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ORIGINAL ARTICLE
Year : 2017  |  Volume : 7  |  Issue : 1  |  Page : 34-40
Analysis of the mechanical behavior and surface rugosity of different dental die materials


Department of Restorative Dentistry, São Leopoldo Mandic Dental School, Campinas-São Paulo, Brazil

Date of Submission10-Sep-2016
Date of Acceptance04-Jan-2017
Date of Web Publication21-Feb-2017

Correspondence Address:
Simone Kreve
Department of Restorative Dentistry, São Leopoldo Mandic Dental School, Campinas-São Paulo
Brazil
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Source of Support: None, Conflict of Interest: None


DOI: 10.4103/2231-0762.200706

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   Abstract 

Aim: This work evaluated the mechanical and surface behavior of different die materials. The studied materials are polyurethane resin Exakto-Form (Bredent), Gypsum type IV, Fuji Rock EP (Gc), and Durone (Dentsply).
Materials and Methods: Two metallic matrices molded in polyvinyl siloxane provided 30 cylindrical test specimens for the diametral compression test and 30 hemispherical test specimens for the surface rugosity test. The cylindrical test specimens were submitted to tests of diametral compression strength using a DL2000 universal assay machine, with a load cell of 2000 Kgf and constant speed of 1 mm/min connected to the software. Kruskal–Wallis and Dunn's nonparametric tests were used to analyze the results. The hemispheres were submitted to the surface rugosity assay using a SJ201-P rugosimeter with a sensitivity of 300 μm, speed of 0.5 mm/s, and cut-off of 0.8 mm, and the readings were taken on the convex surface of the test specimens and metallic matrix. Results were analyzed using with Fisher's least significant differences test (LSD) and Dunnett's test.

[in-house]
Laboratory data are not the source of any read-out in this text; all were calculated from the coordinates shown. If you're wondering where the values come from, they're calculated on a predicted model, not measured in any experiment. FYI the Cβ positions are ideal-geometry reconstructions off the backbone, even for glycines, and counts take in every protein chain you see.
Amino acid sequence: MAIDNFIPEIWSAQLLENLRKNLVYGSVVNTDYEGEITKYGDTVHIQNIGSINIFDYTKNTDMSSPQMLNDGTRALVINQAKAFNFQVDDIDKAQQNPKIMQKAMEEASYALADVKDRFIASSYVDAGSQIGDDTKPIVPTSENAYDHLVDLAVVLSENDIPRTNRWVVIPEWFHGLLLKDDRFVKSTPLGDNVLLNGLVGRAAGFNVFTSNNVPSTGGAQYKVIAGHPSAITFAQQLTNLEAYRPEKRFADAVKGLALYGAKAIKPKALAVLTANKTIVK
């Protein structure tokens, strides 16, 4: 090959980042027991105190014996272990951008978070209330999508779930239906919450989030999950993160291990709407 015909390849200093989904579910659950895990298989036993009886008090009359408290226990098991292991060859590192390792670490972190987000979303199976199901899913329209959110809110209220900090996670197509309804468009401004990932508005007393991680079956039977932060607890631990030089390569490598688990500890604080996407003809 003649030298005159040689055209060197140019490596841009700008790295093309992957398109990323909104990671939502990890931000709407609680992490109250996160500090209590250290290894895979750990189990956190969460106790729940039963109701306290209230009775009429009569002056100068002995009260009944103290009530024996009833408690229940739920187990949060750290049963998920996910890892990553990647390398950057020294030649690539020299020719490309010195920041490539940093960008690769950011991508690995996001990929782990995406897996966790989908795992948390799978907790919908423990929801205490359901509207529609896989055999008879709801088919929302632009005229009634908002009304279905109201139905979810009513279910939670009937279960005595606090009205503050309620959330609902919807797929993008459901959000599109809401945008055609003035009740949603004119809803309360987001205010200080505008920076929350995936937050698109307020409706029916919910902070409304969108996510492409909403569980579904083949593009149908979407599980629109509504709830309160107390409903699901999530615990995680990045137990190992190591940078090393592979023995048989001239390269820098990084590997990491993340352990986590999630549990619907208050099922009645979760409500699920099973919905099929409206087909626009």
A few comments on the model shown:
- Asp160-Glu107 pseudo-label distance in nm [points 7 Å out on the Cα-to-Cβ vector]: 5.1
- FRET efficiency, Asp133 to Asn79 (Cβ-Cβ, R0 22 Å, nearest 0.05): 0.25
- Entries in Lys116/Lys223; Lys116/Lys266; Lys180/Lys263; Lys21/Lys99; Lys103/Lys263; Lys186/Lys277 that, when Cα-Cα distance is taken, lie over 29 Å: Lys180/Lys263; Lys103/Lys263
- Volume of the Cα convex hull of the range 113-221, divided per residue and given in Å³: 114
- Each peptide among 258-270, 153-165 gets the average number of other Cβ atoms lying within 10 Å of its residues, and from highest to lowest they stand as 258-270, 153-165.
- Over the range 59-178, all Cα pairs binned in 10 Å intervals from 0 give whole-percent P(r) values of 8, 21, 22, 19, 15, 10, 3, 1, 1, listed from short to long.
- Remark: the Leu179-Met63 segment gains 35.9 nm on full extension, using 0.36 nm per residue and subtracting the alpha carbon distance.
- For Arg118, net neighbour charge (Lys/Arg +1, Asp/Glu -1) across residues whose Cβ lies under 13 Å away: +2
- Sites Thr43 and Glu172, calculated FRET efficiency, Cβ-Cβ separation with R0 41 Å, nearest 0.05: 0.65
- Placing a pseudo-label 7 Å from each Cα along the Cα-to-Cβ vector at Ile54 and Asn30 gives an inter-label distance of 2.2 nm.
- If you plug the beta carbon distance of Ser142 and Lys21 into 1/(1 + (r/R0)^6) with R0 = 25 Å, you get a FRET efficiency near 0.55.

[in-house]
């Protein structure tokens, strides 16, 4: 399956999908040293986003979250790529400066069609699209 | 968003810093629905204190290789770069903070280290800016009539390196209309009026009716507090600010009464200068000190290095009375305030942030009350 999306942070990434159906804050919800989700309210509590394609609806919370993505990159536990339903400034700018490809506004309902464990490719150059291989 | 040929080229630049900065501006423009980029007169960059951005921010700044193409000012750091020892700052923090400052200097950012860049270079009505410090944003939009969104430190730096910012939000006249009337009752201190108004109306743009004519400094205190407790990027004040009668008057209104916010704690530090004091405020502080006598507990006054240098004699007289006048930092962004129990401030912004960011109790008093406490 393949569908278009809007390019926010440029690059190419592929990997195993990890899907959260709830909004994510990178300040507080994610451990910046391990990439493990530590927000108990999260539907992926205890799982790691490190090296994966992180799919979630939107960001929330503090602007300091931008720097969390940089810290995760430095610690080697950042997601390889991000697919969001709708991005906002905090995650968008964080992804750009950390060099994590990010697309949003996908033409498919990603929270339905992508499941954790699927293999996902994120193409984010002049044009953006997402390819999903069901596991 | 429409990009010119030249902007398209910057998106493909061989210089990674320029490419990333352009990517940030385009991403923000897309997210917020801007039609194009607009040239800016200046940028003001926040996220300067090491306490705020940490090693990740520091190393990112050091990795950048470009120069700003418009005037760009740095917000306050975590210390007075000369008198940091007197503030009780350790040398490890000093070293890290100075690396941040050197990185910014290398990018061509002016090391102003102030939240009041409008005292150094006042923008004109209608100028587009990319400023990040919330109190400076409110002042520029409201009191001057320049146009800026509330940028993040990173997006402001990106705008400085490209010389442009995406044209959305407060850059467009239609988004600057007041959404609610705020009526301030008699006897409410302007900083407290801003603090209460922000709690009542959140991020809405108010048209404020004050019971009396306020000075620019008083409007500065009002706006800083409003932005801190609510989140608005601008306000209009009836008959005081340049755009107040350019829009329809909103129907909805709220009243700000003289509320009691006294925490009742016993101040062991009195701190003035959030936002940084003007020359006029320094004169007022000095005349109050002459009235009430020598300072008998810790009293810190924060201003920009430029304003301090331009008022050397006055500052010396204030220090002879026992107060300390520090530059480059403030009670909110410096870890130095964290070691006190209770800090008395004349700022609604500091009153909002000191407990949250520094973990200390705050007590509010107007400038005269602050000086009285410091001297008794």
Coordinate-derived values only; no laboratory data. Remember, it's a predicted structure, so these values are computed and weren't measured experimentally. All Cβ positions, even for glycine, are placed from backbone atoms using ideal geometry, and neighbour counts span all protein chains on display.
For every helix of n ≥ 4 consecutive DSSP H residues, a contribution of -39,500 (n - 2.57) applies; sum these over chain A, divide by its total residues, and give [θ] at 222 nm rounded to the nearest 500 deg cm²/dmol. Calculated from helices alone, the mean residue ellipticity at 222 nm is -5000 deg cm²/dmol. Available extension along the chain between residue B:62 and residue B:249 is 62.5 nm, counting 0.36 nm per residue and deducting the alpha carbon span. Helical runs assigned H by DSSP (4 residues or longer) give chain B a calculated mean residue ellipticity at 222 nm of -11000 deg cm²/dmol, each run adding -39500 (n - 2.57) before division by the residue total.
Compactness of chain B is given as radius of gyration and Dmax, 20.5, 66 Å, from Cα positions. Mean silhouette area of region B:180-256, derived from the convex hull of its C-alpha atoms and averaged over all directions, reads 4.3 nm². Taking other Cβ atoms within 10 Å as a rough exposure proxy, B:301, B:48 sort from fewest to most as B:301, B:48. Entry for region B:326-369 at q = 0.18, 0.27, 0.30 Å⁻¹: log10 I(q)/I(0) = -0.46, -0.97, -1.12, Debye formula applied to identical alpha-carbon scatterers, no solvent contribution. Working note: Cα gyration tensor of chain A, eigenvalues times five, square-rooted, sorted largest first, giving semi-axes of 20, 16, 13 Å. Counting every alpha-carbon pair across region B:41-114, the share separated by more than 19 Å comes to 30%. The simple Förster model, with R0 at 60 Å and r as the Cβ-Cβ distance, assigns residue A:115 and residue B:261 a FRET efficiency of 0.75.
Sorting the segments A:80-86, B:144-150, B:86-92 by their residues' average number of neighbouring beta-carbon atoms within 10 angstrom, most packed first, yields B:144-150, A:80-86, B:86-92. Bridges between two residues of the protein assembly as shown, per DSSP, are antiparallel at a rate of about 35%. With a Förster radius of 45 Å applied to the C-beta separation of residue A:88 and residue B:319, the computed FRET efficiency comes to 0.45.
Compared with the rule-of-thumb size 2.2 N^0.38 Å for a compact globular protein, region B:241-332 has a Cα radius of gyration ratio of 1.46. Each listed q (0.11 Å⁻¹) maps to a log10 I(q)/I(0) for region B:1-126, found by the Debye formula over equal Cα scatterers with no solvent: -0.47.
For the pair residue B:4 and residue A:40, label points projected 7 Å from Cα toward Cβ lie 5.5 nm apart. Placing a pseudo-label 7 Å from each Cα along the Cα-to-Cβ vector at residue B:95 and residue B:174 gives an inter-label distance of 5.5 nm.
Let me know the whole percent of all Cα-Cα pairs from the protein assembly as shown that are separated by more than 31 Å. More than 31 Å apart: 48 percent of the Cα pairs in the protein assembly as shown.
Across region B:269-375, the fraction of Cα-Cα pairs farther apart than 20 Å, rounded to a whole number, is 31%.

Results: Kruskal–Wallis test showed significant difference between die materials for diametral compression strength (P = 0.002). Dunn's test showed significantly higher values for modified polyurethane resin (Exakto-Form). The gypsum type IV, which did not significantly differ regarding diametral compression strength, showed 34.0% (Durone) and 42.7% (Fuji Rock) lower values in comparison to Exakto-Form.